Moving In the Right Direction
It's not always easy to get the media to move towards the truth, but while they find themselves defending gov't misinformation they sometimes have to ask questions. This just happened at CNN, where a story was run "What happens if Congress blows the debt ceiling?"
Upon reading this story, many of you will think it is pro-Administration thinking. And clearly the author himself is writing the story with the intent of making anti-debt ceiling Republicans look bad. But when you read a little deeper an seismic shift has happened in thinking about the debt ceiling.
Back on April 11, NPR's Scott Horsley made the following statements:
There are some things the government can do to buy time, and put off that day of reckoning
And you really don't want to have people start to question whether the full faith and credit of the federal government might not be all that credit-worthy.
We need to raise the debt ceiling just to keep from bouncing the checks that the federal government has already, in effect, written.
But the old rule that if you stop - if you find yourself in a hole, stop digging? That doesn't really apply here. You know, if we just stand still and don't make some structural fixes to the hole, were going to find it caving in all around us.
Clearly NPR is drinking the gov't Kool Aid, but they weren't the only ones. You heard it everywhere. Including the April 10, the NY Times wrote about not raising the debt ceiling saying: "the United States would default on its debt for the first time in its history"
And just 3 days ago on April 26, Matthew E. Zames, a managing director at JPMorgan Chase, wrote an open letter to Tim Gheitner saying "Any delay in making an interest or principal payment by Treasury even for a very short period of time would put the U.S. Treasury and overall financial markets in uncharted territory, and could trigger another catastrophic financial crisis."
Considering Gheitner already believes the above quote, since he has said the same thing, it's clear the letter from Zames is for public consumption, not Gheitner's.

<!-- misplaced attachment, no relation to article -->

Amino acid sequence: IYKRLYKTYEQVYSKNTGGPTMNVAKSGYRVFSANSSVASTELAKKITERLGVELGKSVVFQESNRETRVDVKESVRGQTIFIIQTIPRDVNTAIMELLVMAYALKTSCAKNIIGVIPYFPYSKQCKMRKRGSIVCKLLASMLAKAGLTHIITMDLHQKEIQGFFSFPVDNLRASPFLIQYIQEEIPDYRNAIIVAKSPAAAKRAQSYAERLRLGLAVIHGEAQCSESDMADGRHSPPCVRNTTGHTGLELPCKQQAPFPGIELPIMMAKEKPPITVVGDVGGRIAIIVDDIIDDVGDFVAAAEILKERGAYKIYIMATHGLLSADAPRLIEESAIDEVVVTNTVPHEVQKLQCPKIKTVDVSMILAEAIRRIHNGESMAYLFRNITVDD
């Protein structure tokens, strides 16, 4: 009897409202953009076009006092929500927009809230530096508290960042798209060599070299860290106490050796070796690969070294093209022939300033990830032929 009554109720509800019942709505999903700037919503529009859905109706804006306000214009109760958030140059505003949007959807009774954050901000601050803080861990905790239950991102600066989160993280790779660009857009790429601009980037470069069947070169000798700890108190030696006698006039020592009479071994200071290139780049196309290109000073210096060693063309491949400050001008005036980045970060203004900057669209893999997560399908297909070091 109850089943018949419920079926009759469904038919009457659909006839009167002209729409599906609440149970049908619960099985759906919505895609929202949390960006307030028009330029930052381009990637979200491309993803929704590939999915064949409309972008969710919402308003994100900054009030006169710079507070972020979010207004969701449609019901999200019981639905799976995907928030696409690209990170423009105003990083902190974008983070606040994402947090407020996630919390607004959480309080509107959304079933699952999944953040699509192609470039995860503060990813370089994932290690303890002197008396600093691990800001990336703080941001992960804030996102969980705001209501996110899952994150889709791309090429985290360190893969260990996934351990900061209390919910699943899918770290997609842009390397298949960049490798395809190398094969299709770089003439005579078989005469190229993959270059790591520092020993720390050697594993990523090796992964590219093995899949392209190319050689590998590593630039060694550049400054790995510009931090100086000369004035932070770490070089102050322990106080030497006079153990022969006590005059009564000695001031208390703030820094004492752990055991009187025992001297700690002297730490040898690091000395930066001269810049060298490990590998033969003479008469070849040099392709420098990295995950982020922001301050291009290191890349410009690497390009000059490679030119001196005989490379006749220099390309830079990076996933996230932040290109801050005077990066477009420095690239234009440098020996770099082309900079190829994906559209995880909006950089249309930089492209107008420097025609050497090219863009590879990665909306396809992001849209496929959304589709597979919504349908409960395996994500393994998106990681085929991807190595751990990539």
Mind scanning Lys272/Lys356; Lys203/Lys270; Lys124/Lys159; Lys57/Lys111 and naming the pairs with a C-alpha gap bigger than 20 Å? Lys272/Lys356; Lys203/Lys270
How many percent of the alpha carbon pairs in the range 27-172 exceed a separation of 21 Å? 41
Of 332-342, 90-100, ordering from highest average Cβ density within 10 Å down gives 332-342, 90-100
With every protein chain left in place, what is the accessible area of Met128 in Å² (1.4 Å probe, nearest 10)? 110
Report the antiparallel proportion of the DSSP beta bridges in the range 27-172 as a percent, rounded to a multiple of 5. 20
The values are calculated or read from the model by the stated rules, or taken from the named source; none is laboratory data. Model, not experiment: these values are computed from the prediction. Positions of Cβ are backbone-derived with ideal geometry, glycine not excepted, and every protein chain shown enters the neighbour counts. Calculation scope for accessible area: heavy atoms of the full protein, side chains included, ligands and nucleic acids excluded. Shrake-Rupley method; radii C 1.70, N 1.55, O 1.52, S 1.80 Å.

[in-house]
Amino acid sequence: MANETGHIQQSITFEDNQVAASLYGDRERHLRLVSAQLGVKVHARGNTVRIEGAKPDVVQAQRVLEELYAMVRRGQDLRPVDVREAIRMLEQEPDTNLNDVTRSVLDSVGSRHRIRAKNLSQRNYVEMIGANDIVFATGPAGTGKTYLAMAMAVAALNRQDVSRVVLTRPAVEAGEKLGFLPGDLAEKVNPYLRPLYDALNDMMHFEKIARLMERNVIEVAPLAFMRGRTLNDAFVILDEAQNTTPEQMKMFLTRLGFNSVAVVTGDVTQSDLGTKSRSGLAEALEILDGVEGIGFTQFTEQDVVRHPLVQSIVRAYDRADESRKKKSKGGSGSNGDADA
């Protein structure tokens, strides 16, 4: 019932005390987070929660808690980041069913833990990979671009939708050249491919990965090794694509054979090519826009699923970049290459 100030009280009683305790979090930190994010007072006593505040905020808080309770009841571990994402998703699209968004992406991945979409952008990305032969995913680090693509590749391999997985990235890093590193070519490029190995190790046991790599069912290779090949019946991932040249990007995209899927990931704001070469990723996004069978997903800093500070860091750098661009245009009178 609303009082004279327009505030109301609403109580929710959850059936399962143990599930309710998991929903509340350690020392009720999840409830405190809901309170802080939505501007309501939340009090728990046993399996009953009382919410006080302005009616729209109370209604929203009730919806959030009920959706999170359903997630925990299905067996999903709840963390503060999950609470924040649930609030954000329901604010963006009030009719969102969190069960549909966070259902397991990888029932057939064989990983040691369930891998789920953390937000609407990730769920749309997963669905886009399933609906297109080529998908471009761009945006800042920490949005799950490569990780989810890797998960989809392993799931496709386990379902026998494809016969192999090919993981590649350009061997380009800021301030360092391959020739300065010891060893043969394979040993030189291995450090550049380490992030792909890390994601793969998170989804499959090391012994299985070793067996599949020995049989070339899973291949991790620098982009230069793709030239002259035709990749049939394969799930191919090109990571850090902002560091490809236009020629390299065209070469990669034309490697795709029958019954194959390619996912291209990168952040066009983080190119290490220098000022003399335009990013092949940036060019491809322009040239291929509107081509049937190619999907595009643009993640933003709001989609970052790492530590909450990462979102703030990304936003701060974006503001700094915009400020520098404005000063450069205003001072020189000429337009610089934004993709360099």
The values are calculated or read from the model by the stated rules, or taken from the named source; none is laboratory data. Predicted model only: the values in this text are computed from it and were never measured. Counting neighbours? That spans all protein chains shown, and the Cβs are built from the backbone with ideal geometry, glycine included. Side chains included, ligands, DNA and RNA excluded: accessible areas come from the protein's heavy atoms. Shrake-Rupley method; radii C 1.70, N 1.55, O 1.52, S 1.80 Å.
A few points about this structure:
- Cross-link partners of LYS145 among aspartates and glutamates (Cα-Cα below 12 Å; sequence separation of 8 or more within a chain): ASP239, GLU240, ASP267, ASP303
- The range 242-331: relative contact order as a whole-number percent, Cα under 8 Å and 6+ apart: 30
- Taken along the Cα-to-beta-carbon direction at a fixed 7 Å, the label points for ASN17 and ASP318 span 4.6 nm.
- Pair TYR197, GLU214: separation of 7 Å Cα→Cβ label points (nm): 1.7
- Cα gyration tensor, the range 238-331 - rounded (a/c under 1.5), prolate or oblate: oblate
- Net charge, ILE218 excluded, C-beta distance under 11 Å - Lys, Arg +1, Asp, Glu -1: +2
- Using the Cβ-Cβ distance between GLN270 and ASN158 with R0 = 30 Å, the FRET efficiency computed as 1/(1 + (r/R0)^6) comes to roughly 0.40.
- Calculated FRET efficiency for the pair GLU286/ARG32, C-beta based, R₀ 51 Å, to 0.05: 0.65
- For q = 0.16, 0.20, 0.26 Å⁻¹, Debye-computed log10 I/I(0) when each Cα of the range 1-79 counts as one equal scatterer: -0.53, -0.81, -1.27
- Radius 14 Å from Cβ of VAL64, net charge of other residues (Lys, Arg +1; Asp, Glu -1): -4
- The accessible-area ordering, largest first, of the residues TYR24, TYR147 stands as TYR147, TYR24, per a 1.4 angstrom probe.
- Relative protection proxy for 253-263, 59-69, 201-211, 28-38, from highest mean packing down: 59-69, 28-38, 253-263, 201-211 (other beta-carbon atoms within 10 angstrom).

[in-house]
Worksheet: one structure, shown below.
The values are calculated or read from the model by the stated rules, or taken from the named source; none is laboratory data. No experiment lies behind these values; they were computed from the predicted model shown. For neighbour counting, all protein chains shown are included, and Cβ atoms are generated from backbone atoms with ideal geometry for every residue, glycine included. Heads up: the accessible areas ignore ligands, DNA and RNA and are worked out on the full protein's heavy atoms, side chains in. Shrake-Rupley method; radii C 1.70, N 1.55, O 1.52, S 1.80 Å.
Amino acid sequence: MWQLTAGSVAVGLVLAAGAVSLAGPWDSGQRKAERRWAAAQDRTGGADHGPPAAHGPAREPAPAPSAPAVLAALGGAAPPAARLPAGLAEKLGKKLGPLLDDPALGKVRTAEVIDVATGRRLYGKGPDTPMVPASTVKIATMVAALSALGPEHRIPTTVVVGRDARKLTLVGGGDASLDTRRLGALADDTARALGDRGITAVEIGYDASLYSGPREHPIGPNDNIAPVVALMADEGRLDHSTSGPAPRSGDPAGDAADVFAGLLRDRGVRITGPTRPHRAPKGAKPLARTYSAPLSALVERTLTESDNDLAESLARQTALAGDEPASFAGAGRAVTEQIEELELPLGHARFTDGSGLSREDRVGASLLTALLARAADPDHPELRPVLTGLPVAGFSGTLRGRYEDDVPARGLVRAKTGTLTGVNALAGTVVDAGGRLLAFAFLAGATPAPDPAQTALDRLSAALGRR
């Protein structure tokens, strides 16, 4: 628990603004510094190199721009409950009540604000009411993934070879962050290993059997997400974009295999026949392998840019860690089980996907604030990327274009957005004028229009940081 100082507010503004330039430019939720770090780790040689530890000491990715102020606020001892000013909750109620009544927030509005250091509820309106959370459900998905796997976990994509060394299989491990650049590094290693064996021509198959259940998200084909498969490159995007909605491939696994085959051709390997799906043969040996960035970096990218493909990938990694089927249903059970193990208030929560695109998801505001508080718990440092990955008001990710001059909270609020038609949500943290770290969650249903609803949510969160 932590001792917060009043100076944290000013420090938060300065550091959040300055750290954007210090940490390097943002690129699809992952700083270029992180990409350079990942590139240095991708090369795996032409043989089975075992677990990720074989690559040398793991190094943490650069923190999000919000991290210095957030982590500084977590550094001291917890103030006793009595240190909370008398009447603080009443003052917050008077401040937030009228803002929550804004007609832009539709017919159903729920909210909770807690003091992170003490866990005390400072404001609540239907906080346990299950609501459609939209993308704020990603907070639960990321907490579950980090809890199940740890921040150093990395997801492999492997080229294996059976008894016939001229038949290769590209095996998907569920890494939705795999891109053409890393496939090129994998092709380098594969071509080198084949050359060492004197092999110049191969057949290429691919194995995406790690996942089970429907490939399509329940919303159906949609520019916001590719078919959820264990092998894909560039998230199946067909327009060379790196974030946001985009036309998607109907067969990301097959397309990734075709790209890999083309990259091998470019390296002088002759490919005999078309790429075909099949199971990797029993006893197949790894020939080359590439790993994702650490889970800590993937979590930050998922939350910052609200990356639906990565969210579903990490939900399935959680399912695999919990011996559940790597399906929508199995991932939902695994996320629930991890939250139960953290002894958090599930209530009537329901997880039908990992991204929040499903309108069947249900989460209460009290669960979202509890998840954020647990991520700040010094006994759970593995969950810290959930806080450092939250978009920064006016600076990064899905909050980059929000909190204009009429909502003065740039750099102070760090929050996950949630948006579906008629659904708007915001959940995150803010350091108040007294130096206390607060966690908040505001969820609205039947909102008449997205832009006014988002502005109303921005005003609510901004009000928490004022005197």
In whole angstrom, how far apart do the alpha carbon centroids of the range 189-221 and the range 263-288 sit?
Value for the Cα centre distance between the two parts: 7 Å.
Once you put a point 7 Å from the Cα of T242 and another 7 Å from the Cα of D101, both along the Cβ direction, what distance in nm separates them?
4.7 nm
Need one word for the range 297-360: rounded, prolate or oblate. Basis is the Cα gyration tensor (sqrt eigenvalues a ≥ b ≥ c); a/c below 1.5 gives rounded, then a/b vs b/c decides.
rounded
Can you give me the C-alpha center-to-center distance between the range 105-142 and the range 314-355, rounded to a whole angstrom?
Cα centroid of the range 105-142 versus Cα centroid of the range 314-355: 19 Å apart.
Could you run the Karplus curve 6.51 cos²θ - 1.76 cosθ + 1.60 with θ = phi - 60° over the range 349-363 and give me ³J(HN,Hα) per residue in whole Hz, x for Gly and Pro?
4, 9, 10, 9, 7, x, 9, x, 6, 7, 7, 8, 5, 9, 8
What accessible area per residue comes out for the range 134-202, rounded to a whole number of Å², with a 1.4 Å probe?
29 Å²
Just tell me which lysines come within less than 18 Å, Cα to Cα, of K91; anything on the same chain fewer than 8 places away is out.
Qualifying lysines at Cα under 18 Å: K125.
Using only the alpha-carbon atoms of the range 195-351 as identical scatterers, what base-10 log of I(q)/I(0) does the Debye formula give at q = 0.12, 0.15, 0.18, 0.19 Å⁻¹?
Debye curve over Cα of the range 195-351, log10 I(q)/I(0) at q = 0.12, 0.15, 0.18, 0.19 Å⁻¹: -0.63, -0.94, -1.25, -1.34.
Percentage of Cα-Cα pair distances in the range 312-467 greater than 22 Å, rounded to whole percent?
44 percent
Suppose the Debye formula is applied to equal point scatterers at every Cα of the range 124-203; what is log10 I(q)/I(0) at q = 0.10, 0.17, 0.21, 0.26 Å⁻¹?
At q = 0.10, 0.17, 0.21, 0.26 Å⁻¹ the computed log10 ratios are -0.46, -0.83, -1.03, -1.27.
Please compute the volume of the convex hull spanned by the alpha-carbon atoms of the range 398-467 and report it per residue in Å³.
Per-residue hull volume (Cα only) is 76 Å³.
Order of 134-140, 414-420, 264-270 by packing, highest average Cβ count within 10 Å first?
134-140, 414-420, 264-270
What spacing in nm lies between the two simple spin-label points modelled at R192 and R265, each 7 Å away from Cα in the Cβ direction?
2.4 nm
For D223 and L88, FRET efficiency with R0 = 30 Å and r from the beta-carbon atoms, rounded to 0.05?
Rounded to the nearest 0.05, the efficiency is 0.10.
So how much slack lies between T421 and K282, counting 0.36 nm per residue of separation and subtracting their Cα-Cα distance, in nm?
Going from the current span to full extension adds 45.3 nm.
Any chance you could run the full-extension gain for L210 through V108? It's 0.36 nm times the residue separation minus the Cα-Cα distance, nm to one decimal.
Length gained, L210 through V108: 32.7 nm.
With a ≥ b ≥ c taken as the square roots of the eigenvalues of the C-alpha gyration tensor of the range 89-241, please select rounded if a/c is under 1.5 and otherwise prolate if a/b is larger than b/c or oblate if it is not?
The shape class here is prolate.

So what is SO special about the CNN story linked above? Well the author had to check the numbers that those opposed to a debt ceiling first, as he wrote: "Indeed, the Treasury Department takes in about $177 billion a month on average. And interest on public debt only costs $19 billion."
Now the author had to do some math and figured out that we COULD pay the debt and we WOULD NOT default. Which drew him to a completely different conclusion than "Catostrophic Destruction of the Economy". He was forced by logic to write: "Since it's (it being the Debt Ceiling not getting raised) never happened before, it's not clear to anyone -- no matter what they say -- how markets, businesses or average Joes would view the country if it has to indefinitely stiff contractors or government programs."
To me this is a Seismic shift in thinking, moving away from a guaranteed catastrophe and toward just not knowing. Now if we could just get NPR to change their tune. As of today they are still writing this crap: " If the debt limit isn't raised by early July, the U.S. will default on its financial obligations for the first time in history."
The problem with doomsday scenarios is if you are wrong you lose all credibility. That's why when they play this card they need to scare the bejesus out of you. Because if you don't follow along and their fraud is exposed they're done.